International
Tables for
Crystallography
Volume A
Space-group symmetry
Edited by M. I. Aroyo

International Tables for Crystallography (2015). Vol. A, ch. 1.5, pp. 95-106

## Section 1.5.4.3. Synoptic table of the space groups

B. Souvignier,c G. Chapuisd and H. Wondratscheka

#### 1.5.4.3. Synoptic table of the space groups

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Table 1.5.4.4 gives a comprehensive listing of the possible space-group symbols for various settings and choices of the unit cell. The data are ordered according to the crystal systems. The extended Hermann–Mauguin symbols provide information on the additional symmetry operations generated by the compositions of the symmetry operations with lattice translations. An extended Hermann–Mauguin symbol is a complex multi-line symbol: (i) the first line contains those symmetry operations for which the coordinate triplets are explicitly printed under Positions' in the space-group tables in this volume; (ii) the entries of the lines below indicate the additional symmetry operations generated by the compositions of the symmetry operations of the first line with lattice translations. For example, for A-, B-, C- and I-centred space groups, the entries of the second line of the two-line extended symbol denote the symmetry operations generated by combinations with the corresponding centring translations.3

In the triclinic system the corresponding symbols do not depend on any space direction. Therefore, only the two standard symbols P1 (1) and (2) are listed. One should, however, bear in mind that in some circumstances it might be more appropriate to use a centred cell for comparison purposes, e.g. following a phase transition resulting from a temperature, pressure or composition change.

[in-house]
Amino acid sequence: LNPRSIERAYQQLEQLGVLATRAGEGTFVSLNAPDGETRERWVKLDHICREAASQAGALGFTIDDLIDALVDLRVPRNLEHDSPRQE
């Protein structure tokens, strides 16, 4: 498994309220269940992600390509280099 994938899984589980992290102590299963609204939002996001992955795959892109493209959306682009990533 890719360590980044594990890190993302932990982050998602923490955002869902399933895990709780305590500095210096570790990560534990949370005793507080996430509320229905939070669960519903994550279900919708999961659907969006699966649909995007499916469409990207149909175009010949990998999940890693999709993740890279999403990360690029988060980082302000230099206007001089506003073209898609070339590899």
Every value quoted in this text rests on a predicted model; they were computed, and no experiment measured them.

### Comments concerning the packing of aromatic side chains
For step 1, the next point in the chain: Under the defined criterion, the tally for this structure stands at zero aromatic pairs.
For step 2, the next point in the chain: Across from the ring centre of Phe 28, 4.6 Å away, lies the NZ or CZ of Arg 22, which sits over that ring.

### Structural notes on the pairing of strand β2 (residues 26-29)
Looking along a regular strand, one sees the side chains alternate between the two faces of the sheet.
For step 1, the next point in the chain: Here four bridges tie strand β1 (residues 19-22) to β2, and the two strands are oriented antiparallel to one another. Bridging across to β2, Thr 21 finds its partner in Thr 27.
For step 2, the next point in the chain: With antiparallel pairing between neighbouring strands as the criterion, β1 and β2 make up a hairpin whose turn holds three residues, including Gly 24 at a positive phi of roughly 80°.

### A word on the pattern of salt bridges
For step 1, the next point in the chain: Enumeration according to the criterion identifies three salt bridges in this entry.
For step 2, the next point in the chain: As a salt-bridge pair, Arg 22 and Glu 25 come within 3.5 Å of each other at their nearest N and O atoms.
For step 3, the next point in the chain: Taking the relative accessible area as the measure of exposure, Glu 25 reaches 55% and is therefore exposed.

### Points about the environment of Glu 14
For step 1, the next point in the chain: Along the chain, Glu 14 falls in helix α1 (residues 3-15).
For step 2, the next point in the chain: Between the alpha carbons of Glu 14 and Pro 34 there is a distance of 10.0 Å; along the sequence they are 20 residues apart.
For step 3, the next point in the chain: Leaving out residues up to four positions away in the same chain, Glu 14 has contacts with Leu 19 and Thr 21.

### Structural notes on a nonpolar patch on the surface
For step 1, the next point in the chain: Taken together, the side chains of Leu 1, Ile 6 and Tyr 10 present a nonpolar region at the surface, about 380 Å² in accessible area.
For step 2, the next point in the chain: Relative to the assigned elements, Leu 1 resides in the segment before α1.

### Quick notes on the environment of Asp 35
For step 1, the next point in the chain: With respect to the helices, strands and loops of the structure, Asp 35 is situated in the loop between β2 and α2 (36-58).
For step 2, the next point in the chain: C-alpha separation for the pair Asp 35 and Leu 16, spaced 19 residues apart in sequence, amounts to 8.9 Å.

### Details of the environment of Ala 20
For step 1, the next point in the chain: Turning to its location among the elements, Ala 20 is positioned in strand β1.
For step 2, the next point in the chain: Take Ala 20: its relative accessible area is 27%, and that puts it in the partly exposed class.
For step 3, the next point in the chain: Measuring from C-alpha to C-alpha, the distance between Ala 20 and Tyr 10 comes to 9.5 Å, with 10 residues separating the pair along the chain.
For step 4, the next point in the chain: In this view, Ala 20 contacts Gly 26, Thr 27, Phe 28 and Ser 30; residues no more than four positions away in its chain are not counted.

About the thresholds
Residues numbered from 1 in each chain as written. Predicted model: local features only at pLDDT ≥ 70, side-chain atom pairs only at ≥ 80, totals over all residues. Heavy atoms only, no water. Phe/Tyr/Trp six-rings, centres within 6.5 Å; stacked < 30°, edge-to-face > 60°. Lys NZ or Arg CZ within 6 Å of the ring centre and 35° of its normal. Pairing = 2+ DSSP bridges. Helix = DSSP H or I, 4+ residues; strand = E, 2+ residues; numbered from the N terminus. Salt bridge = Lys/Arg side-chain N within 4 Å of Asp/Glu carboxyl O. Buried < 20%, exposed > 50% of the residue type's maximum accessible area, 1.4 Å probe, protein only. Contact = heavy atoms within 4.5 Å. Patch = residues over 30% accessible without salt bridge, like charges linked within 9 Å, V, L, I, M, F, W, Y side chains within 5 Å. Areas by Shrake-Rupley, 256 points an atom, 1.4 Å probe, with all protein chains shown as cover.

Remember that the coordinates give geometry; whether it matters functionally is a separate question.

The monoclinic and orthorhombic systems present the largest number of alternatives owing to various settings and cell choices. In the monoclinic system, three choices of unique axis can occur, namely b, c and a. In each case, two permutations of the other axes are possible, thus yielding six possible settings given in terms of three pairs, namely and , and , and . The unique axes are underlined and the negative sign, placed over the letter, maintains the correct handedness of the reference system. The three possible cell choices indicated in Fig. 1.5.3.1 increase the number of possible symbols by a factor of three, thus yielding 18 different cases for each monoclinic space group, except for five cases, namely P2 (3), (4), Pm (6), P2/m (10) and P21/m (11) with only six variants.

In monoclinic P lattices, the symmetry operations along the symmetry direction are always unique. Here again, as in the plane groups, the cell centrings give rise to additional entries in the extended Hermann–Mauguin symbols. Consider, for example, the data for monoclinic P12/m1 (10), C12/m1 (12) and C12/c1 (15) in Table 1.5.4.4. For P12/m1 and its various settings there is only one line, which corresponds to the full Hermann–Mauguin symbols; these contain only rotations 2 and reflections m. The first line for C12/m1 is followed by a second line, the first entry of which is the symbol 21/a, because 21 screw rotations and a glide reflections also belong to this space group. Similarly, in C12/c1 rotations 2 and screw rotations 21 and c and n glide reflections alternate, and thus under the full symbol one finds the entry .

In Table 1.5.4.4 the Hermann–Mauguin symbols of the orthorhombic space groups are listed in six different settings: the standard setting , and the settings , , , and . These six settings result from the possible permutations of the three axes. Let us compare for a few space groups the standard setting with the setting. For Pmm2 (25) the permutation yields the new setting P2mm, reflecting the fact that the twofold axes parallel to the c direction change to the a direction. The mirrors normal to a and b become normal to b and c, respectively.

The case of Cmm2 (35) is slightly more complex due to the centring. As a result of the permutation the C centring becomes an A centring. The changes in the twofold axes and mirrors are similar to those of the previous example and result in the A2mm setting of Cmm2.